And that must be your focus. 

There’s a scripture I love in Hebrews 12 talking about throwing off the weight and the sin that so easily trips you up so you can run your race with endurance. 

Because if you’re not looking at what’s slowing you down or tangling up your feet, you can fix your eyes on Jesus–the author and finisher of your faith. 

Well, in therapy, you have to acknowledge the ugly, but then there’s a point you can’t just keep staring at how gory your process is. 

You have to look away from what you’re seeing that is tripping you up and look to the truth and the finish line where truth is taking you.

Because remember, you’re running your own race.

You’re running your race at your own pace and you have to keep your eye on the finish line to encourage you to endure to the wholeness ahead. 


So, you acknowledge the gore that surfaces in your session and in your homework between sessions.

But you do it with the knowledge that you won’t always be there. 

You will not be this ugly the whole time. You will not have these rods feeling like the monster, Frankenstein, forever. 

You will come to a point where you’re whole and free. You’re mobile again. And you can move with an enthusiasm and exuberance that you did not have when you were broken. 

That’s what you focus on. That’s what you look towards. 

So, lay aside the weight of your recovery and the unattractiveness of it. The things it brings up in you that you don’t like and the ways you behave.

Lay it aside because they trip you up. 

Fix your eyes on the finish. 

If you’re a believer, fix your eyes on Jesus. Bounce your eyes from all the horror and look to Him for reassurance of the reward He secured for you. And that this too, this too shall pass.

I hope this encourages but more than that strengthens you on your journey.

It is something that I remind myself often because the more things you tackle in therapy, the more ugly moments you experience. 

So, you need to keep reminding yourself this ugliness is to be expected, and it’s only temporary. Keep moving forward. Keep pursuing healing because better is ahead.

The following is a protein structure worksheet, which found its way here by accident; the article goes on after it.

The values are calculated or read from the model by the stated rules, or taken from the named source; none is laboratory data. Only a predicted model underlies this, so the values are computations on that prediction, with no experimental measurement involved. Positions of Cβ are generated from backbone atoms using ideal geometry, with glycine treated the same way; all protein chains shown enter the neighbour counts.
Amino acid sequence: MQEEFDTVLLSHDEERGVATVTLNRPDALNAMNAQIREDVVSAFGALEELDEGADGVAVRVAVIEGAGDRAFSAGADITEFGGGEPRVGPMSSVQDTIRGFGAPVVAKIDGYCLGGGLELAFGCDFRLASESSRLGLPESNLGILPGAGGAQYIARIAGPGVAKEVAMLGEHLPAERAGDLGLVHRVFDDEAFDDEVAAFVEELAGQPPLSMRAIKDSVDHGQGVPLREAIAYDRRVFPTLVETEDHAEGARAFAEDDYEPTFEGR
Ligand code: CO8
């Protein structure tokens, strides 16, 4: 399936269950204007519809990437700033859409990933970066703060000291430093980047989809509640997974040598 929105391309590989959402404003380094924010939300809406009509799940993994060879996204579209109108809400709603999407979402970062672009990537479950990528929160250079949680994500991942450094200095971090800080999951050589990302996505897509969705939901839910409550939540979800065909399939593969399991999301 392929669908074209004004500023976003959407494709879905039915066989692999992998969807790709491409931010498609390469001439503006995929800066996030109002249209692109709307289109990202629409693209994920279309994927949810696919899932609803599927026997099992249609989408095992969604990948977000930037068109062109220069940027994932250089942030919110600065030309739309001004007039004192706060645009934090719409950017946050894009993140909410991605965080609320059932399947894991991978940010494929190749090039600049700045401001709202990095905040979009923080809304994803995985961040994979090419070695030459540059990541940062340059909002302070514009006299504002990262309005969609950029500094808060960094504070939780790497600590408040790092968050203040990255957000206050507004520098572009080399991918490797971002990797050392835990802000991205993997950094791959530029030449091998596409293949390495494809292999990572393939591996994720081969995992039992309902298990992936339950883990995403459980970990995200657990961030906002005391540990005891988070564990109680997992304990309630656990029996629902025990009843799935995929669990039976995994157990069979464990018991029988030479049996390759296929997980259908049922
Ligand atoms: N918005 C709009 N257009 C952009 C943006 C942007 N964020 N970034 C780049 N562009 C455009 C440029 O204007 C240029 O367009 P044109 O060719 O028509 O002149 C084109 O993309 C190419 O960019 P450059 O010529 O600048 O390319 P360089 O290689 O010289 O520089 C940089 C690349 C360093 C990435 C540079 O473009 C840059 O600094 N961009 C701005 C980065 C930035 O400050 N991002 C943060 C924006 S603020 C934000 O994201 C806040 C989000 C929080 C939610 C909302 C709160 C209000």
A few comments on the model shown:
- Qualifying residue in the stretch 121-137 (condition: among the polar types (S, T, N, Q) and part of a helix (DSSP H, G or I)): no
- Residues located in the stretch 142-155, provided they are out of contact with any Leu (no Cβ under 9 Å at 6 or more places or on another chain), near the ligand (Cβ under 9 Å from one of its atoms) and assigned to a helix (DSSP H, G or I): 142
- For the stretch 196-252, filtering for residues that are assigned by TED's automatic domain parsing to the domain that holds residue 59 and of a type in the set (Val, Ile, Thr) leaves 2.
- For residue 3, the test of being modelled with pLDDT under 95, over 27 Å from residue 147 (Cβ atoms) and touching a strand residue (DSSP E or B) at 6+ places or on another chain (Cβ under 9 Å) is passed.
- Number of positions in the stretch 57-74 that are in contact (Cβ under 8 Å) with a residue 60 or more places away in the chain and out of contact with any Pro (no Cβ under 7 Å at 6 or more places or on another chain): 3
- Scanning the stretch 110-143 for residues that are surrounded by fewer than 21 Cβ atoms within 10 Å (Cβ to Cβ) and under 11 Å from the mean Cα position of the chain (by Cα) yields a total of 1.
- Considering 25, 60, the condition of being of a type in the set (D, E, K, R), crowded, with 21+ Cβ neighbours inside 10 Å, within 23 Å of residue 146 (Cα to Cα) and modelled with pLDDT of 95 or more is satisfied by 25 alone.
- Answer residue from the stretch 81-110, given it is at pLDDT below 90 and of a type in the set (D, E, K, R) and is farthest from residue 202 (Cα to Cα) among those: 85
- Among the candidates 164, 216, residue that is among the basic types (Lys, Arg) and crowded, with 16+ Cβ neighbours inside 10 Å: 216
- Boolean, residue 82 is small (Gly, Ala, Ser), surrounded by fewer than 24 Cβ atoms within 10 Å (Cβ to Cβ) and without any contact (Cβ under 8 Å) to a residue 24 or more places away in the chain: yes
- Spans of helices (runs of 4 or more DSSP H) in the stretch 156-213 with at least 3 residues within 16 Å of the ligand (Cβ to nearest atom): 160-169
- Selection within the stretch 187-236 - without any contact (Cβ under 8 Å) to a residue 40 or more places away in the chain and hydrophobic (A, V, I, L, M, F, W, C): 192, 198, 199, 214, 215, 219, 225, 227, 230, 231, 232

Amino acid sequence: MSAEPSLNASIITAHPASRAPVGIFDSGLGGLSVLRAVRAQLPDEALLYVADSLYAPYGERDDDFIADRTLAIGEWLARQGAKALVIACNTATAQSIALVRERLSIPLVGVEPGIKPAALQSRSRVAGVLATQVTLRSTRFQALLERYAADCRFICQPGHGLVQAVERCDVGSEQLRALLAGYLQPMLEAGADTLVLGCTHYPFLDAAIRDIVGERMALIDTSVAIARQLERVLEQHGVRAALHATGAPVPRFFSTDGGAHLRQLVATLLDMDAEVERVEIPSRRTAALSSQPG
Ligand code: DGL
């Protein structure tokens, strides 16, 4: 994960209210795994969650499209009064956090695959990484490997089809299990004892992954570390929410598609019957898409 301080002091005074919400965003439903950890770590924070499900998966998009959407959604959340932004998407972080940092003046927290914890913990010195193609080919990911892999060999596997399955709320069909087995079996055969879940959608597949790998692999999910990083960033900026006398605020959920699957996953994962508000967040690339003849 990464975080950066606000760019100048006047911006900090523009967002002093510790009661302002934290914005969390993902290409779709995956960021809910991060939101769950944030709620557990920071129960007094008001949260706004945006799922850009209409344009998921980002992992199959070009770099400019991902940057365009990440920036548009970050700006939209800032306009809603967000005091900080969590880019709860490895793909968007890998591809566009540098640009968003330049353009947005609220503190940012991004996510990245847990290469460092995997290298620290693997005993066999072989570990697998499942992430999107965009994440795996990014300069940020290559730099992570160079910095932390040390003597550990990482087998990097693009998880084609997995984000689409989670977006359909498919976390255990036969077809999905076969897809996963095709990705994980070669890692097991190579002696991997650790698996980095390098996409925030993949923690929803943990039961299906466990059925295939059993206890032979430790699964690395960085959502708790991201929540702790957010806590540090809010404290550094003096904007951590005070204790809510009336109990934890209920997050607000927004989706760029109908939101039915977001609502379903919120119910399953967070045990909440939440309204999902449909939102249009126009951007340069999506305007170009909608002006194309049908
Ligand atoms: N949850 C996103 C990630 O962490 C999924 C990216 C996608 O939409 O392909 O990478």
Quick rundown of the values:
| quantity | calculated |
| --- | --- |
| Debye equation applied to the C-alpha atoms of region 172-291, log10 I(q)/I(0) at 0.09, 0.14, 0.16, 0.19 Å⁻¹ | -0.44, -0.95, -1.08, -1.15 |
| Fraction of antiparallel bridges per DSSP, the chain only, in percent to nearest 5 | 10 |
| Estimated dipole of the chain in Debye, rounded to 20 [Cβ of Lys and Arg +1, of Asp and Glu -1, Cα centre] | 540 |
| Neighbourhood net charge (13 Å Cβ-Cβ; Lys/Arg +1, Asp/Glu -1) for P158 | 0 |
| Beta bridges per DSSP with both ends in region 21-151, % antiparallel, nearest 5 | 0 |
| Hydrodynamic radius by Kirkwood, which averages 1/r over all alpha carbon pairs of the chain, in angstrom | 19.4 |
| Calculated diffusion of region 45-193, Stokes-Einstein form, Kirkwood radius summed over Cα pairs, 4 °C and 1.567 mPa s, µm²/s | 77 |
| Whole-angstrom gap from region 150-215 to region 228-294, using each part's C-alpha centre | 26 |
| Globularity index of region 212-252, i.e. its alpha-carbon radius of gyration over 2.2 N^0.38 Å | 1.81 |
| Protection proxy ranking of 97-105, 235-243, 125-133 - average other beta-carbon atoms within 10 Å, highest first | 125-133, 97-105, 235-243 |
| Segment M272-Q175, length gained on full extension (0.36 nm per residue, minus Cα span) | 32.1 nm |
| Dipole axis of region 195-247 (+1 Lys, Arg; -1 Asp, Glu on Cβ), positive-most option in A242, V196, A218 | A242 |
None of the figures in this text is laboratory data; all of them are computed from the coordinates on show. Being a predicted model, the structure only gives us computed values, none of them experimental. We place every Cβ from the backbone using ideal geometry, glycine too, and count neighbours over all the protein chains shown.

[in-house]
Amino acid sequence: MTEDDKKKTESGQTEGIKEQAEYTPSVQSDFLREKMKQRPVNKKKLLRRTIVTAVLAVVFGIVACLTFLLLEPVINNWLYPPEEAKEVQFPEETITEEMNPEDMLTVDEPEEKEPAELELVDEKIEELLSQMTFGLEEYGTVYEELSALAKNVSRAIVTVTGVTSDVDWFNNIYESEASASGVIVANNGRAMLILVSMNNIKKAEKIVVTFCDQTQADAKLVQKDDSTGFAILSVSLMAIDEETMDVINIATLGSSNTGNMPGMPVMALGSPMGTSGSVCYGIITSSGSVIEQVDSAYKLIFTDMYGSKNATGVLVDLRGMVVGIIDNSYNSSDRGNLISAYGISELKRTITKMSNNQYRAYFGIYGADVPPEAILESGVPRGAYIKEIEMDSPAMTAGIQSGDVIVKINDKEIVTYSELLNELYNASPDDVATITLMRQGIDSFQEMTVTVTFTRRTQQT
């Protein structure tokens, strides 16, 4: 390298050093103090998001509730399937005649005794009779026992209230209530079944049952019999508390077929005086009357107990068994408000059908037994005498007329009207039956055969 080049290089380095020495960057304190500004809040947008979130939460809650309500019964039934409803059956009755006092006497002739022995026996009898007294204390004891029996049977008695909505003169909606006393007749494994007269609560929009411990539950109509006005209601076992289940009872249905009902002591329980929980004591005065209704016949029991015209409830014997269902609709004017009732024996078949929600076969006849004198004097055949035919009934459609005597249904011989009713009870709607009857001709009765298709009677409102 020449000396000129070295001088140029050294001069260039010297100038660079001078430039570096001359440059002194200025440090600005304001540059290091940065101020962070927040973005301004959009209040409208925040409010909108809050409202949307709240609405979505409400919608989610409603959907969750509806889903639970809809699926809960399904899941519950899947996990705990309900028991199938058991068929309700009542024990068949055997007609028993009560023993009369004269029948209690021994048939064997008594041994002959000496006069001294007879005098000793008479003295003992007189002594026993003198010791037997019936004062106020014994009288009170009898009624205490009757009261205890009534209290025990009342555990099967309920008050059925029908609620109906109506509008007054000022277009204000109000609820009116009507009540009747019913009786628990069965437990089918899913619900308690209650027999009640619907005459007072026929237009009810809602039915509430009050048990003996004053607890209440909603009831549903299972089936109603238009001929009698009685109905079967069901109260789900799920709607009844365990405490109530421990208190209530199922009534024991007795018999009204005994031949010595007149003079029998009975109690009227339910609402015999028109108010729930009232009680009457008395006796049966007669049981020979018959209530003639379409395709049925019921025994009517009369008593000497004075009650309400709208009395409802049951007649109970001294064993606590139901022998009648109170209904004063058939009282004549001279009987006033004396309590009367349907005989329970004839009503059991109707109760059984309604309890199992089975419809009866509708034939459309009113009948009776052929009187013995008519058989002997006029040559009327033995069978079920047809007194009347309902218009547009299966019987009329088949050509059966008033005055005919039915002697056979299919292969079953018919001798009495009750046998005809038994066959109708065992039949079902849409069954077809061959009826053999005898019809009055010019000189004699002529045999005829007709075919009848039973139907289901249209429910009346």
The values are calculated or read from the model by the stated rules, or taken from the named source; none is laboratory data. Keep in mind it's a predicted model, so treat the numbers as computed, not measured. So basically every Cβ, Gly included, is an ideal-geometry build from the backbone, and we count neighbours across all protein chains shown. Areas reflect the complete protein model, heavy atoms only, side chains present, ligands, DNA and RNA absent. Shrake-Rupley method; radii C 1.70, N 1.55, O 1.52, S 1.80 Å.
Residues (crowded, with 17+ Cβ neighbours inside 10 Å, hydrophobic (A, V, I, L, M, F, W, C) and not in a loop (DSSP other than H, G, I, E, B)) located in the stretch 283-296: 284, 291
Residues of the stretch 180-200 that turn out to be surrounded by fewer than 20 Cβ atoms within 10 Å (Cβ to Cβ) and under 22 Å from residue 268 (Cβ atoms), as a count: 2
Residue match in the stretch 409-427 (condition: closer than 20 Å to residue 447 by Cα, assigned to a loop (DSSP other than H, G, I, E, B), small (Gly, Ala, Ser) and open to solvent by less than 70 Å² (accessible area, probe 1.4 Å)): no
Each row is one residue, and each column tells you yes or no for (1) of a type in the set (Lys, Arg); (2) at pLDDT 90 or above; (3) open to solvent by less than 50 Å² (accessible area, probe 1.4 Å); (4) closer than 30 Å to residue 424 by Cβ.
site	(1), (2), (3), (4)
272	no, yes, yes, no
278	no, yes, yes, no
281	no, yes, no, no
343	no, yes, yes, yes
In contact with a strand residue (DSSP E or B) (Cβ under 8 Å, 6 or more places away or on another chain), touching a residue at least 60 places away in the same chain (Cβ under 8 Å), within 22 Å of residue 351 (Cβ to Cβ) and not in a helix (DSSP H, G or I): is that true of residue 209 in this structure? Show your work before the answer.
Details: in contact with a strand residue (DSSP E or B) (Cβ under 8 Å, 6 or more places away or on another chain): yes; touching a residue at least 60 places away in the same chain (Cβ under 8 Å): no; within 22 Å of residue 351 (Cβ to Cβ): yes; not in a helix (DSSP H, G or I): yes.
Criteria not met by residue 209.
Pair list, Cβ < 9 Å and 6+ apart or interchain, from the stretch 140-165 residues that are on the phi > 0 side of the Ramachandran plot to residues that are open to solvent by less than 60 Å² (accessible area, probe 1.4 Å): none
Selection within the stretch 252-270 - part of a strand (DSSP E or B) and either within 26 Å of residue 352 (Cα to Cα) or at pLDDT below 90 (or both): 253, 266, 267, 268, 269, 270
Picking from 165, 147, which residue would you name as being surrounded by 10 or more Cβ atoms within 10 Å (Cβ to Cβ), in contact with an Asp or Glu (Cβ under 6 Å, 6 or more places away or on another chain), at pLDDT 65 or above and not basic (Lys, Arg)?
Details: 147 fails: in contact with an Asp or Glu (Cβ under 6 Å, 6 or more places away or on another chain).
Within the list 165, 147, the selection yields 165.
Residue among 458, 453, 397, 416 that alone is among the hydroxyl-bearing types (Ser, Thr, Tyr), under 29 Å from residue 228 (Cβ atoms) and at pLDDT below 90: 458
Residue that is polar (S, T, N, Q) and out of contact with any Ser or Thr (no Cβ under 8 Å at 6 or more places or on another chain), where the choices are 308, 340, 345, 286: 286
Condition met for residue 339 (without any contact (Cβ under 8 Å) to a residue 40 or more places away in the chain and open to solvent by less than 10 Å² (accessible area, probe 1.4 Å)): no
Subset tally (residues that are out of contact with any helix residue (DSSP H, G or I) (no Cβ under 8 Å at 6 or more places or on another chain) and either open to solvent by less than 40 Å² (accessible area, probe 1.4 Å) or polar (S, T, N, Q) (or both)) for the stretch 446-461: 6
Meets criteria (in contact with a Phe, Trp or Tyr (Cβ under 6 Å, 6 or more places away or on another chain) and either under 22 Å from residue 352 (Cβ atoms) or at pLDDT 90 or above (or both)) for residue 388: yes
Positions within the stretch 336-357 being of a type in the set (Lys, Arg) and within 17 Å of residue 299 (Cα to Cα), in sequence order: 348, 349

Don’t shrink back and believe the lie that you can’t or that maybe you’re just supposed to suffer through and make the best of it. 

No, you’re meant to be healed and whole and happy in this life. 

But it’s a journey and you have to keep moving.

Thank you for joining me. I’m super proud of you. I’m super proud of myself too. 

You can find the homework for this episode at motherhoodunmasked.com/episode64

And until next time, please remember, when it comes to you being the mother of your children, you’re courageous. 

You’re a warrior battling through wounds and the ugliness of it. And you’re an example to your children of how to persevere. So don’t ever doubt it. 

You are the woman for the job. Take care. 

NOTE: The views and opinions expressed in this podcast should not be taken as medical advice. The content here is for informational purposes only, and because each person is so unique, please consult your health care professional for any medical questions.

This Episode’s Homework

Need Help to Heal?

Therapeutic Tools

If you’re working through any kind of loss, the journal, My Journey Through Grief and Loss, helps you acknowledge the significance of your loss while honoring the memories you’ll always cherish.

And if you meet with a counselor or a coach, you need a journal to keep track of session breakthroughs and aha moments in between sessions. A copy of My Reflections Journal for guided post-session review would be perfect for you.

Let’s Stay Connected

Do you know why I call you Mama BARE? Because you’re unmasked and unapologetic in admitting motherhood is tough, and you appreciate conversation that honors that.

So, connect with me for more support, empowering the best version of you as a mom.

For encouraging bi-monthly emails and exclusive access to practical resources that help YOU shine, tap “COUNT ME IN.”

The Motherhood Unmasked Journal

A Journal Worth Your Story

160 pages waiting for you to fill it with the struggles and the wins on your motherhood journey!

And she’s pretty coming and going! Available on Amazon.

Got A Minute to Pray?

Got A Minute to Pray? Prayer channel on YouTube featuring prayers about a minute long written and read by Vanessa A. Harris.

New “PrayerTube” channel on YouTube

Features prayers about a minute long written and read by Vanessa. Start your week off right, with a prayer on Monday mornings. Because prayer changes things and you have a minute to spare.